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Ernest Hemingway - A Moveable Feast

Ernest Hemingway - A Moveable Feast

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Published by: dkondratyev on May 27, 2009
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A MOVEABLE FEAST
 by Earnest HemingwayA Triad Panther Book Grandada PublishingLondon Toronto Sydney New York Published by Granada Publishing Limited in Panther Books 1977 Reprinted 1979ISBN 0 586 04464 7First published in Great Britain byJonathan Cape Ltd 1964Copyright © Ernest Hemingway Ltd 1964eBook scanned & proofed by Binwiped 10-27-02 [v1.0]Frontspiece:Ernest Miller Hemingway was born in 1899. His father was a doctor and he was thesecond of six children. Their home was at Oak Park, a Chicago suburb.In 1917 Hemingway joined the Kansas City
Star 
as a cub reporter. The following year hevolunteered to work as an ambulance driver on the Italian front where he was badlywounded but twice decorated for his services. He returned to America in 1919 andmarried in 1921. In 1922 he reported on the Greco-Turkish war then two years later resigned from journalism to devote himself to fiction. He settled in Paris where herenewed his earlier friendship with such fellow-American expatriates as Ezra Pound andGertrude Stein. Their encouragement and criticism were to play a valuable part in theformation of his style.Hemingway's first two published works were
Three Stories and Ten Poems
and
 In Our Time
 but it was the satirical novel,
The Torrents of Spring,
which established his namemore widely. His international reputation was firmly secured by his next three books:
 Fiesta, Men Without Women
and
 A Farewell to Arms.
He was passionately involved with bullfighting, big-game hunting and deep-sea fishing,and his writing reflected this. He visited Spain during the Civil War and described hisexperiences in the bestseller,
 For Whom the Bell Tolls.
His direct and deceptively simplestyle of writing spawned generations of imitators but no equals. Recognition of his position in contemporary literature came in 1954 when he was awarded the Nobel Prize,following the publication of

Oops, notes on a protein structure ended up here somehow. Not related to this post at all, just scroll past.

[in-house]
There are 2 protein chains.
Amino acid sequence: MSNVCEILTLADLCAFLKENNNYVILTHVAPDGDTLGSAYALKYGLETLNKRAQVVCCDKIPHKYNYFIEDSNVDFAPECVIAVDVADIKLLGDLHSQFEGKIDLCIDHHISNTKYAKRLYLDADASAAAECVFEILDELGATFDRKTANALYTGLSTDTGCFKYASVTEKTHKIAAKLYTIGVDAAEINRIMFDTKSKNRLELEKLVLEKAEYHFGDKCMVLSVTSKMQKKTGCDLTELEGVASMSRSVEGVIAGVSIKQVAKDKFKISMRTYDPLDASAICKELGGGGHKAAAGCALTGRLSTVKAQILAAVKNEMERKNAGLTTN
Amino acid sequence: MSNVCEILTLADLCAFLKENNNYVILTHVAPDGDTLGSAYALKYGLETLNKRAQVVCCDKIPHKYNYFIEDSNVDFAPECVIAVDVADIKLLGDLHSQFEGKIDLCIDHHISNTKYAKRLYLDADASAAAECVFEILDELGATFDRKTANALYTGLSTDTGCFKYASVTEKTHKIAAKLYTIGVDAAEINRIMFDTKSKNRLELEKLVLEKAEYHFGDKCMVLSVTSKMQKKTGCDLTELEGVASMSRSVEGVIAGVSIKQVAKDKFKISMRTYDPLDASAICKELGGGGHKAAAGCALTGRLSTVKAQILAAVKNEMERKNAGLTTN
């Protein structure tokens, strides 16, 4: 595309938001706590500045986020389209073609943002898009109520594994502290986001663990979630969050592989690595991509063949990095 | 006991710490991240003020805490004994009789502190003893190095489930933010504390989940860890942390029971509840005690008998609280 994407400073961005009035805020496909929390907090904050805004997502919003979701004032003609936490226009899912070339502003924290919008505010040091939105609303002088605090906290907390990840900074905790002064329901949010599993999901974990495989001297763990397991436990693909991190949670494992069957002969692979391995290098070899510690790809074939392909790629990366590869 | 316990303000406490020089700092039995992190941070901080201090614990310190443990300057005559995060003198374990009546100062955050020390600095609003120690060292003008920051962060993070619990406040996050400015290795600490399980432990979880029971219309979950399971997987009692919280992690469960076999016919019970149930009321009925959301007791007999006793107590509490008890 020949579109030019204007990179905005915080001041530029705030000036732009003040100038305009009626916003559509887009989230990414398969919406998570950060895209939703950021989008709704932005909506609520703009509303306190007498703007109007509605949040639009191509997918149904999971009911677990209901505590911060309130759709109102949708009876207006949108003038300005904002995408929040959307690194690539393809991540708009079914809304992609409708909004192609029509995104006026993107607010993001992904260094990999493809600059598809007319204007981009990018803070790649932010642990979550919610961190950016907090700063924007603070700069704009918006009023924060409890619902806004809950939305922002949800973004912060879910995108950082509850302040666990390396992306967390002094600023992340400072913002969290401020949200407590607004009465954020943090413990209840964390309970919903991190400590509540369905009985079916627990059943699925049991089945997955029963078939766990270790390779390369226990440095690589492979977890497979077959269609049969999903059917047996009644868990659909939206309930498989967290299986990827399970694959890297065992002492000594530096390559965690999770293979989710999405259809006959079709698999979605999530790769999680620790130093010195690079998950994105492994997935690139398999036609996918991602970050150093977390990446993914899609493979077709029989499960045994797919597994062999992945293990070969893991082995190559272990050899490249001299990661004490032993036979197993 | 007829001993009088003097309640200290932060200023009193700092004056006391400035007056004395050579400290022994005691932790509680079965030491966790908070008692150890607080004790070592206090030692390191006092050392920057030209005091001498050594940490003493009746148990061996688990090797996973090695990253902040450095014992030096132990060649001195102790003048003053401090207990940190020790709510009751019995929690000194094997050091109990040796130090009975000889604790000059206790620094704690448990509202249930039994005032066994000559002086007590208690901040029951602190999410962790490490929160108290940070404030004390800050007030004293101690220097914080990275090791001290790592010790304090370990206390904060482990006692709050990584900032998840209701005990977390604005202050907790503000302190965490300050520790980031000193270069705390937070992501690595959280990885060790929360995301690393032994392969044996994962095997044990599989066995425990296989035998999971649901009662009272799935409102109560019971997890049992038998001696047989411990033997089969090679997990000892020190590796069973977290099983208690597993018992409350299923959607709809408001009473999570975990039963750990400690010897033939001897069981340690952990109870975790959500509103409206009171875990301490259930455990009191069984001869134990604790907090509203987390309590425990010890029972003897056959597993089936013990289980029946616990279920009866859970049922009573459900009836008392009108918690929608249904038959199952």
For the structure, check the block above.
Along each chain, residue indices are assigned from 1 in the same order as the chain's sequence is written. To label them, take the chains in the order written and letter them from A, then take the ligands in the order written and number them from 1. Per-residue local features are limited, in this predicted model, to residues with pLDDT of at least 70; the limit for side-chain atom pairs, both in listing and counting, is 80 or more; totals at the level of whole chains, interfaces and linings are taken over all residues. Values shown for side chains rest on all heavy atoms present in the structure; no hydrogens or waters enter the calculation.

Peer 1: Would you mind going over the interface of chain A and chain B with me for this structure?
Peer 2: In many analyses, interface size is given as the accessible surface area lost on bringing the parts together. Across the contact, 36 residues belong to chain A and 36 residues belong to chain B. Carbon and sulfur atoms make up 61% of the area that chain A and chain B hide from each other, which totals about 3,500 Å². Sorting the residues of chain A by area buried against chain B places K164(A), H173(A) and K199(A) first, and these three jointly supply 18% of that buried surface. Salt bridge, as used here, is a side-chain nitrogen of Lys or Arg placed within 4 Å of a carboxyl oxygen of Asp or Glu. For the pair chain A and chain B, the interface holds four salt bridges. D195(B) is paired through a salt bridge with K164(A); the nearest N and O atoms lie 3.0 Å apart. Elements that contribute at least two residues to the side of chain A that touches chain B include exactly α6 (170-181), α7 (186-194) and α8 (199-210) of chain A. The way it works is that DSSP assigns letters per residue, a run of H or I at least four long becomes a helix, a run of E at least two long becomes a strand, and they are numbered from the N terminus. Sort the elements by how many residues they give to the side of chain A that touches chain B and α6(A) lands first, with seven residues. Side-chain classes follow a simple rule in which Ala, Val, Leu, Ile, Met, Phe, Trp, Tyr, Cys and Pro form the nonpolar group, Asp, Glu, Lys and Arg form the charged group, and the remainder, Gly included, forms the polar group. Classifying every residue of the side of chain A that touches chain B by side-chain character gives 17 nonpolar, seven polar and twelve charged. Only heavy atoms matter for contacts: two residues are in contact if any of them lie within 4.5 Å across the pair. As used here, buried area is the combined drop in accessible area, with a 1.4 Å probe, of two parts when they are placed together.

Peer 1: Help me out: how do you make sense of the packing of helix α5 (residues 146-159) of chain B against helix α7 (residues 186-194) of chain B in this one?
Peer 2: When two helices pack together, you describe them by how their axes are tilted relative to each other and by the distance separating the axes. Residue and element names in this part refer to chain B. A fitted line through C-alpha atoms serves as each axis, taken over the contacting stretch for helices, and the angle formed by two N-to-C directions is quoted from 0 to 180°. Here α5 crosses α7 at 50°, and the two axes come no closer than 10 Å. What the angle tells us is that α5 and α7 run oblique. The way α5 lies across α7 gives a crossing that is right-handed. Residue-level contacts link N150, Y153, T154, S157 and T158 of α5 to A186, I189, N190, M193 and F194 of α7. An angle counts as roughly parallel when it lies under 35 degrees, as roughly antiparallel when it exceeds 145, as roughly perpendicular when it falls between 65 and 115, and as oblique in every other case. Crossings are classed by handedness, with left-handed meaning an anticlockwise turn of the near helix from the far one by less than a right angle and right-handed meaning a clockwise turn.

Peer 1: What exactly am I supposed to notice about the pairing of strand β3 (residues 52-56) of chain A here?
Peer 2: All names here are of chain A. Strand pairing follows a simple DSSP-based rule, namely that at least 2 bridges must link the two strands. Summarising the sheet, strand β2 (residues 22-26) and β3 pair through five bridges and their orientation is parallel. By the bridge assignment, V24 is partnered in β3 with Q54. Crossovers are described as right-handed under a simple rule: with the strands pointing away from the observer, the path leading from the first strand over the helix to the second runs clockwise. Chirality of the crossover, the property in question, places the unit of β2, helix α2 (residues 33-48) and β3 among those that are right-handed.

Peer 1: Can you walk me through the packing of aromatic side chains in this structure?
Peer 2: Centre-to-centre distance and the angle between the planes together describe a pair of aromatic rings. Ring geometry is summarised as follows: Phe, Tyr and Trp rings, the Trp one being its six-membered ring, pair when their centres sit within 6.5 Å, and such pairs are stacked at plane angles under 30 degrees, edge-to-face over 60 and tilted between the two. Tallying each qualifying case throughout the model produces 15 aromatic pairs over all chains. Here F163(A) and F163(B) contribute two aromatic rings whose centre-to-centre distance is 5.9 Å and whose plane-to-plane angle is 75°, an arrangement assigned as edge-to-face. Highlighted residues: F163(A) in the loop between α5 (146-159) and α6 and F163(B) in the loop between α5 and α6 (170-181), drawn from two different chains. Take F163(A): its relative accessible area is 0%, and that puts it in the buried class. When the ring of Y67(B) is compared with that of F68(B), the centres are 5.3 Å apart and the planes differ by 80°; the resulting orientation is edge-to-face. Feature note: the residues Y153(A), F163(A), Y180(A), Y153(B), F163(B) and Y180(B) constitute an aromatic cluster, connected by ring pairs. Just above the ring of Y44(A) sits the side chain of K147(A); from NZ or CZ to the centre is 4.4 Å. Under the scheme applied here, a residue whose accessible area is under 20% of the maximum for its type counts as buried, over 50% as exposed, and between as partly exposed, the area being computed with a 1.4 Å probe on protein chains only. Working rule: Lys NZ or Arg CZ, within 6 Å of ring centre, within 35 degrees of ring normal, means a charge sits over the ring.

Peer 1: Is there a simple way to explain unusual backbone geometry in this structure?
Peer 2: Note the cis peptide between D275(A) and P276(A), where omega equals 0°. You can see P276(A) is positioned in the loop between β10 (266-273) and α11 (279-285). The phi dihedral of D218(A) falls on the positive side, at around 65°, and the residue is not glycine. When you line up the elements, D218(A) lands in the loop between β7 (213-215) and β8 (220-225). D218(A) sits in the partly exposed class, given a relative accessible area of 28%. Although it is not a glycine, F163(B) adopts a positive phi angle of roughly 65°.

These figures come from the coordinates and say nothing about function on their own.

The Old Man and the Sea.
Ernest Hemingway died in 1961.Also by Ernest Hemingway:
 
 Novels
The Torrents of Spring  Fiesta A Farewell to ArmsTo Have and Have Not  For Whom the Bell Tolls Across the River and Into the TreesThe Old Man and the Sea Islands in the Stream
Stories
Men Without WomenWinner Take Nothing The Snows of Kilimanjaro
General
 Death in the AfternoonGreen Hills of Africa
Drama
The Fifth Column
Collected Work 
The Essential HemingwayThe First Forty-Nine Stories
Contents
Preface1 A Good Cafe on the Place St-Michel2Miss Stein Instructs3'Une Generation Perdue"4Shakespeare and Company5People of the Seine6A False Spring7The End of an Avocation8Hunger Was Good Discipline9Ford Madox Ford and the Devil's Disciple10Birth of a New School11With Pascin at the Dome12Ezra Pound and His Bel Esprit13A Strange Enough Ending14The Man Who Was Marked for Death
 
15Evan Shipman at the Lilas16An Agent of Evil17Scott Fitzgerald18Hawks Do Not Share19A Matter of Measurements20There Is Never Any End to ParisIf you are lucky enough to have lived in Paris as a young man, then wherever you go for the rest of your life, it stays with you, for Paris is a moveable feast.—Ernest Hemingway
to a friend,
1950Ernest started writing this book in Cuba in the autumn of 1957, worked on it in Ketchum,Idaho, in the winter of 1958-9, took it with him to Spain when we went there in April,1959, and brought it back with him to Cuba and then to Ketchum late that fall. Hefinished the book in the spring of 1960 in Cuba, after having put it aside to write another  book,
The Dangerous Summer,
about the violent rivalry between Antonio Ordonez andLuis Miguel Dominguin in the bull rings of Spain in 195 9. He made some revisions of this book in the fall in 1960 in Ketchum. It concerns the years 1921 to 1926 in Paris.M.H.
 Preface
For reasons sufficient to the writer, many places, people, observations and impressionshave been left out of this book. Some were secrets and some were known by everyoneand everyone has written about them and will doubtless write more.There is no mention of the Stade Anastasie where the boxers served as waiters at thetables set out under the trees and the ring was in the garden. Nor of training with LarryGains, nor the great twenty-round fights at the Cirque d'Hiver. Nor of such good friendsas Charlie Sweeny, Bill Bird and Mike Strater, nor of Andre Masson and Miro. There isno mention of our voyages to the Black Forest or of our one-day explorations of theforests that we loved around Paris. It would be fine if all these were in this book but wewill have to do without them for now.If the reader prefers, this book may be regarded as fiction. But there is always thechance that such a book of fiction may throw some light on what has been written as fact.
ERNEST
 
HEMINGWAY
San Francisco de Paula, Cuba 1960

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